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To get to this new alchemy of soul, dub, and more than a little punk, Burt returned to the basics—self-recording in sequestered silence. During a Canadian tour, he set aside a few days to stay in a friend’s spare apartment and write, renting enough instruments from the affordable gear emporium Long & McQuade to build a makeshift studio for his GarageBand demos. The title track soon emerged, its effortless magnetism prompted by a poem he’d written about stupid city congestion and a piece by saxophonist and singer Gary Bartz.
Burt recognized he had found the sound of the next album, so he booked another rural cabin in Canada for 9 days and rented more guitars, basses, and the same keyboard he’d bought during the You, Yeah, You sessions. For the better part of a lifetime, Burt had told himself he didn’t have the chops to sing like those childhood heroes from the Cadillac days. But now, as he built his one-man-band demos before returning to Nashville’s The Bomb Shelter to work with a trusted band of pals and esteemed producer Andrija Tokic, his versions of those sounds poured out in circumspect love songs and joyous tunes of existential reckoning. His grandfather was dying. The world was struggling with a pandemic and the specter of a third world war. But Burt gave himself permission to have fun and be funny, to let these songs lift him and, eventually, maybe others, too.
Traffic Fiction indeed feels like a buoy amid these turbulent times, something that pulls us above the wreckage. The love-or-something-like-it songs are crucial. With its rocksteady motion, rainbow keys, and slippery riff, “Wings for a Butterfly” is Burt’s honeyed plea to at least try a relationship out. Like The Beatles rebottled in Muscle Shoals, the brilliant “To Be a River” crescendos in a litany of all the things Burt knows he can be for someone—“your favorite word, a letter you read.” It is pure infatuation.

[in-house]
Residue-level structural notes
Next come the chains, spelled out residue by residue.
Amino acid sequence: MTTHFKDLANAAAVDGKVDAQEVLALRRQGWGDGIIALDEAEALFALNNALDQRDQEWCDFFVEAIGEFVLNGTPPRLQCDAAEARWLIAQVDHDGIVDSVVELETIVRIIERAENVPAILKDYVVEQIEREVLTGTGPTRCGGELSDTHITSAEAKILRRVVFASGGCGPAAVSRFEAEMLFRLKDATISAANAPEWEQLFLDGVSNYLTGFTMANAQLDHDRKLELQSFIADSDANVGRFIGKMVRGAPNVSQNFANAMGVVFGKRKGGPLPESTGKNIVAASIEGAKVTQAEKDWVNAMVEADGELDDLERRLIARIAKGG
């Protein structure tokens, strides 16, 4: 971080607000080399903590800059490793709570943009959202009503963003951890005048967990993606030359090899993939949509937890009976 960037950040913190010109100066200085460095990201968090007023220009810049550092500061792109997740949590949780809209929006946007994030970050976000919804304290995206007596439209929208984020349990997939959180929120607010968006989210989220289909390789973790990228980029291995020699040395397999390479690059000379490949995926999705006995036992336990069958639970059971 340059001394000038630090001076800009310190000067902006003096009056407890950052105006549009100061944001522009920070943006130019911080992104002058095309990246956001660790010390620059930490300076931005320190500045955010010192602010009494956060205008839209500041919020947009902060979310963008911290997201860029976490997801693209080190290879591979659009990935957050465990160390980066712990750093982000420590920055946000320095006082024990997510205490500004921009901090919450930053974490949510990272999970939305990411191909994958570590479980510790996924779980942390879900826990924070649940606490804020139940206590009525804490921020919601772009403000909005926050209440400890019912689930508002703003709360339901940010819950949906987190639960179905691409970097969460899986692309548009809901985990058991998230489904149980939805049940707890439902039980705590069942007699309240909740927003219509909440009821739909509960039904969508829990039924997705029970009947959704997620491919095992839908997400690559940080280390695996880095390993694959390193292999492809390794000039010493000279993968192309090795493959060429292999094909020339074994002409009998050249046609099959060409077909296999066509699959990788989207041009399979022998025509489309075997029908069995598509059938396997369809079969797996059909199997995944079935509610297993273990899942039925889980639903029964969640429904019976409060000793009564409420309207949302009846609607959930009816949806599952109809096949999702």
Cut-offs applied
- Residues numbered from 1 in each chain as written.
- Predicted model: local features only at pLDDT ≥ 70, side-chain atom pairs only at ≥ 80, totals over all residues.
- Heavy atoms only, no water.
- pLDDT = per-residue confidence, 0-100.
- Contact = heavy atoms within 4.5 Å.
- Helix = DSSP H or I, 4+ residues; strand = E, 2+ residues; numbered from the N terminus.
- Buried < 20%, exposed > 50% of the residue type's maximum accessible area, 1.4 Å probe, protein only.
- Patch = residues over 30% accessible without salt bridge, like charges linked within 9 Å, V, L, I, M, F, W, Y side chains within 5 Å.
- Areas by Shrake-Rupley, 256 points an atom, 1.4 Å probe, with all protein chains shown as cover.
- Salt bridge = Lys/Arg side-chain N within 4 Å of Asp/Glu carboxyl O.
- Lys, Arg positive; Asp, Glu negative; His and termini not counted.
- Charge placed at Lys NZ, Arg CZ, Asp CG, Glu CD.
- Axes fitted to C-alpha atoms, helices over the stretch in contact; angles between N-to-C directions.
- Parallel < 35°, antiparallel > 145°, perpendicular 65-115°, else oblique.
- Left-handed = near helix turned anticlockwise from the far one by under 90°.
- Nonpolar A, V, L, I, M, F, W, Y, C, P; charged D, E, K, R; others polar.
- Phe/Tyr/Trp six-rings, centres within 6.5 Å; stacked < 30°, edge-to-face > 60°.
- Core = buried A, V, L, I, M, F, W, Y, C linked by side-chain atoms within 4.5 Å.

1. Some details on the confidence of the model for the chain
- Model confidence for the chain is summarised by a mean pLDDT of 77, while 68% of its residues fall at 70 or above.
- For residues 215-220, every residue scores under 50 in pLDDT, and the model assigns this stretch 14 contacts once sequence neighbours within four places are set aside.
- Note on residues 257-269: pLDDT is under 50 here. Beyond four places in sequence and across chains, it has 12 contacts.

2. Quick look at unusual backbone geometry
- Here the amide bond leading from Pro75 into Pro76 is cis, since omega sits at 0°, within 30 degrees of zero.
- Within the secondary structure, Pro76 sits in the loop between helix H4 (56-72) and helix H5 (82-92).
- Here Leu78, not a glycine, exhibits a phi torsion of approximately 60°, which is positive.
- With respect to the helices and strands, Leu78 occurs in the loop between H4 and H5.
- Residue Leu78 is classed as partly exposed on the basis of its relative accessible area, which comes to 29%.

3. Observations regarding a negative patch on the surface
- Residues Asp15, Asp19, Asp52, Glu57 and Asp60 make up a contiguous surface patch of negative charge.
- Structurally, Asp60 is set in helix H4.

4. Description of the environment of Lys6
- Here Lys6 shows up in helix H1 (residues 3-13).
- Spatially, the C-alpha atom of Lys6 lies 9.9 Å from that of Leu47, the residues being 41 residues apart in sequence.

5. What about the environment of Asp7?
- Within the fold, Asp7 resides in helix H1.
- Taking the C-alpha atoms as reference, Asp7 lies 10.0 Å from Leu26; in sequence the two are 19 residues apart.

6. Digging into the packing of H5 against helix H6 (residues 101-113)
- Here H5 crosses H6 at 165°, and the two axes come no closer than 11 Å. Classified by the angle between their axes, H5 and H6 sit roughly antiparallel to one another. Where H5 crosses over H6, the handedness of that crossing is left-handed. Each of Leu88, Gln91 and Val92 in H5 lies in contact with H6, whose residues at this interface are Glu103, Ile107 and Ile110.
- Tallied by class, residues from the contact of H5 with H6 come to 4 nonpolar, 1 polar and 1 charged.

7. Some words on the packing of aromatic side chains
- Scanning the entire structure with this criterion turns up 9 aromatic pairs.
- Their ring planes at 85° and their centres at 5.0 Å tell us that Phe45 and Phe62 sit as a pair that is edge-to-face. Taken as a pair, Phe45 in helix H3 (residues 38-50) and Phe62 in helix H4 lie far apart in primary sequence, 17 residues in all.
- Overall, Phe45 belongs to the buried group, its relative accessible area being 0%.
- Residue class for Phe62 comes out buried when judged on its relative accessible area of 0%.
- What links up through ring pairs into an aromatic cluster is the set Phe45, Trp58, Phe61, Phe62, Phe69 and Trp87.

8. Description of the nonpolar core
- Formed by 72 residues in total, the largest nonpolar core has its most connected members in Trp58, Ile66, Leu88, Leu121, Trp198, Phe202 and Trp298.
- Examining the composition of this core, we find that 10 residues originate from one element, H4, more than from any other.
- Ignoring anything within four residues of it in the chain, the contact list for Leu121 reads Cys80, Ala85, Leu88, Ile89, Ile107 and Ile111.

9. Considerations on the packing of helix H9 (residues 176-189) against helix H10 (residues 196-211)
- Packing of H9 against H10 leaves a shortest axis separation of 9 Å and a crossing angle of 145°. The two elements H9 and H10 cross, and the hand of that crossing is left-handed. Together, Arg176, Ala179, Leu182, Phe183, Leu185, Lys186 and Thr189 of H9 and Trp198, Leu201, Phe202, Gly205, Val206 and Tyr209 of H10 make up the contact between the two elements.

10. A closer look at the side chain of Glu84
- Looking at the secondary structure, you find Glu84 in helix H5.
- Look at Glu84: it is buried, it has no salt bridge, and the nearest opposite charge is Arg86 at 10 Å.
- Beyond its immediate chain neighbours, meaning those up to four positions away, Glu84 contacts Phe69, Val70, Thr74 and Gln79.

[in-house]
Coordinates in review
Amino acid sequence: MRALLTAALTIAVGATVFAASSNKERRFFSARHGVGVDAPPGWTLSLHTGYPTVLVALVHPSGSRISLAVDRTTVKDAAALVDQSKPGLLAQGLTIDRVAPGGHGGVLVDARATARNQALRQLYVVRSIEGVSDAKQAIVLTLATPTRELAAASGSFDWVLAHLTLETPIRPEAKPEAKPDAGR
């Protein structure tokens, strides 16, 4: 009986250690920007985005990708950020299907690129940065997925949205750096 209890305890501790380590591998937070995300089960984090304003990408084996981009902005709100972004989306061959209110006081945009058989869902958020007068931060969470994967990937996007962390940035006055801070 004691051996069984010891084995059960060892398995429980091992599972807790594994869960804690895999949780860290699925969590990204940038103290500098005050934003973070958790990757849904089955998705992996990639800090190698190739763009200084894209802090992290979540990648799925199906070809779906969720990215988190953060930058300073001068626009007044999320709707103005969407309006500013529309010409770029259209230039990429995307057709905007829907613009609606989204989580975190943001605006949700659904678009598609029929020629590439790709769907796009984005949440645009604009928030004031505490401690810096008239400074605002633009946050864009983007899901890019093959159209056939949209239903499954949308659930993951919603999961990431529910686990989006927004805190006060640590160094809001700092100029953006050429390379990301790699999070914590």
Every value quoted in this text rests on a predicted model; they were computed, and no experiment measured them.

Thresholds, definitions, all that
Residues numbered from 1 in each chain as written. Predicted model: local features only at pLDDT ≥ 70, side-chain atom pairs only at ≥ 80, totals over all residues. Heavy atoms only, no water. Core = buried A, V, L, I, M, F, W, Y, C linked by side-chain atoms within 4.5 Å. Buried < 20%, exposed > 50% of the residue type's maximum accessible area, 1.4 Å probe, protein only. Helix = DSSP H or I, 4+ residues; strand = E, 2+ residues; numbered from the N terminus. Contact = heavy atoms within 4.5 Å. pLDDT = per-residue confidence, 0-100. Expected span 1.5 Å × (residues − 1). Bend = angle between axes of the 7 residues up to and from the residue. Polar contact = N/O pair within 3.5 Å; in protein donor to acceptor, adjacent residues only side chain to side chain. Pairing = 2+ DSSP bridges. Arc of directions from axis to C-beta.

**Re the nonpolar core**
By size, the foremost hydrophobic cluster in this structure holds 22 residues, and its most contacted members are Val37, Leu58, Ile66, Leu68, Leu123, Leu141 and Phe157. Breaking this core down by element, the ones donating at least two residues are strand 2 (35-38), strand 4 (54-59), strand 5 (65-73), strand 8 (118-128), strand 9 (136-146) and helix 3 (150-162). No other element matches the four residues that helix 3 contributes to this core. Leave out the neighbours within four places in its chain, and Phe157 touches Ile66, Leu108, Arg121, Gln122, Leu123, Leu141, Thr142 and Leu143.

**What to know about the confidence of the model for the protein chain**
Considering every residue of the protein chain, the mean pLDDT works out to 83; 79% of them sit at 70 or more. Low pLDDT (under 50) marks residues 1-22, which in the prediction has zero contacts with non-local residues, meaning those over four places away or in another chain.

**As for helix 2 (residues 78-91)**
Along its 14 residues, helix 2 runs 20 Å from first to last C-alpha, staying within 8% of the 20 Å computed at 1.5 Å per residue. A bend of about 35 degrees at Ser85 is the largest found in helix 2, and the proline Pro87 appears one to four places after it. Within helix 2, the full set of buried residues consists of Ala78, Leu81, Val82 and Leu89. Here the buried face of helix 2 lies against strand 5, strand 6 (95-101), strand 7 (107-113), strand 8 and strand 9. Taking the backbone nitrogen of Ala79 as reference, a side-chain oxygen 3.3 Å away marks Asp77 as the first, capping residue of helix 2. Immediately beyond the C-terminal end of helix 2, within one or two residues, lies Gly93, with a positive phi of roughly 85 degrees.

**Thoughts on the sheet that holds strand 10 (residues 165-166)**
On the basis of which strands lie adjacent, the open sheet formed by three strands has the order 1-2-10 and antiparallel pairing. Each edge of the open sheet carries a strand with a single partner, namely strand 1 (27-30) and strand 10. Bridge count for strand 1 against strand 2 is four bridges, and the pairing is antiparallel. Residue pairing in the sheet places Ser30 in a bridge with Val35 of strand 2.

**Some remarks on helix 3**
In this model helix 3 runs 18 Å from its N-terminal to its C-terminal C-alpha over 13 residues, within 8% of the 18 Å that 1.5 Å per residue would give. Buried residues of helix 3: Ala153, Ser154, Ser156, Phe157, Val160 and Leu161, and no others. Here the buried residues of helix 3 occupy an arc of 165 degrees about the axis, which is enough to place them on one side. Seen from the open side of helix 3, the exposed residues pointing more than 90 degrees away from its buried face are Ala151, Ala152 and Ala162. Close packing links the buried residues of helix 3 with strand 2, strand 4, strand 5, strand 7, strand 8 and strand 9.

Even ostensible breakup songs luxuriate in the wonder of existence. “Santiago” recounts an overseas tryst that ended too soon, Burt jubilantly narrating moments of mirth and lust over go-go keyboards and a beat so simple and propulsive The Ramones would have loved it. And during “Piece of Me,” Burt turns the sting of ending it into an anthem of wishful thinking alongside sashaying organs and rail-grinding guitar. Maybe one more chance is all he needs? “You like me better when I’m in pain,” he sings slyly. “Well, baby, just look at me now.” Amid these warped jewels of psychedelic soul, you’ll find yourself pulling for Burt, hoping the world can come to its senses on his behalf.
Burt first earned notice for his imaginative and trenchant social protest songs, where he’d capture some corrosive element of American life—unchecked capitalism, unwavering racism, so on—in a compelling snapshot. Traffic Fiction isn’t that kind of album, necessarily, though his defiance hasn’t disappeared. Referencing his ancestral homeland of Promised Land, South Carolina, “All Things Right” scorns apathy and bureaucracy, the way we strand each other via our own pursuits. “I’ll never be free/but I can pretend,” he snaps with verve during the verse of “Kids in the Yard,” a mighty theme of self-empowerment. Burt finds the joy even here, pushing past problems rather than succumbing to obstacles.
And isn’t that a crucial role of music, especially now—to show us how to handle our burdens with aplomb and vision, to model the behavior of persevering with élan? At three points during Traffic Fiction, Burt interweaves bits of those recorded conversations with his late grandfather, Tommy. They talk about Stevie Wonder, Burt’s career and the fatigue it can bring, and, finally, the sense that he’s carrying on a family tradition through these records. It’s a reminder not only of what Burt experienced while making Traffic Fiction but also of what he overcame. He found strength in the soul of his youth, and, for that, he’s never sounded stronger.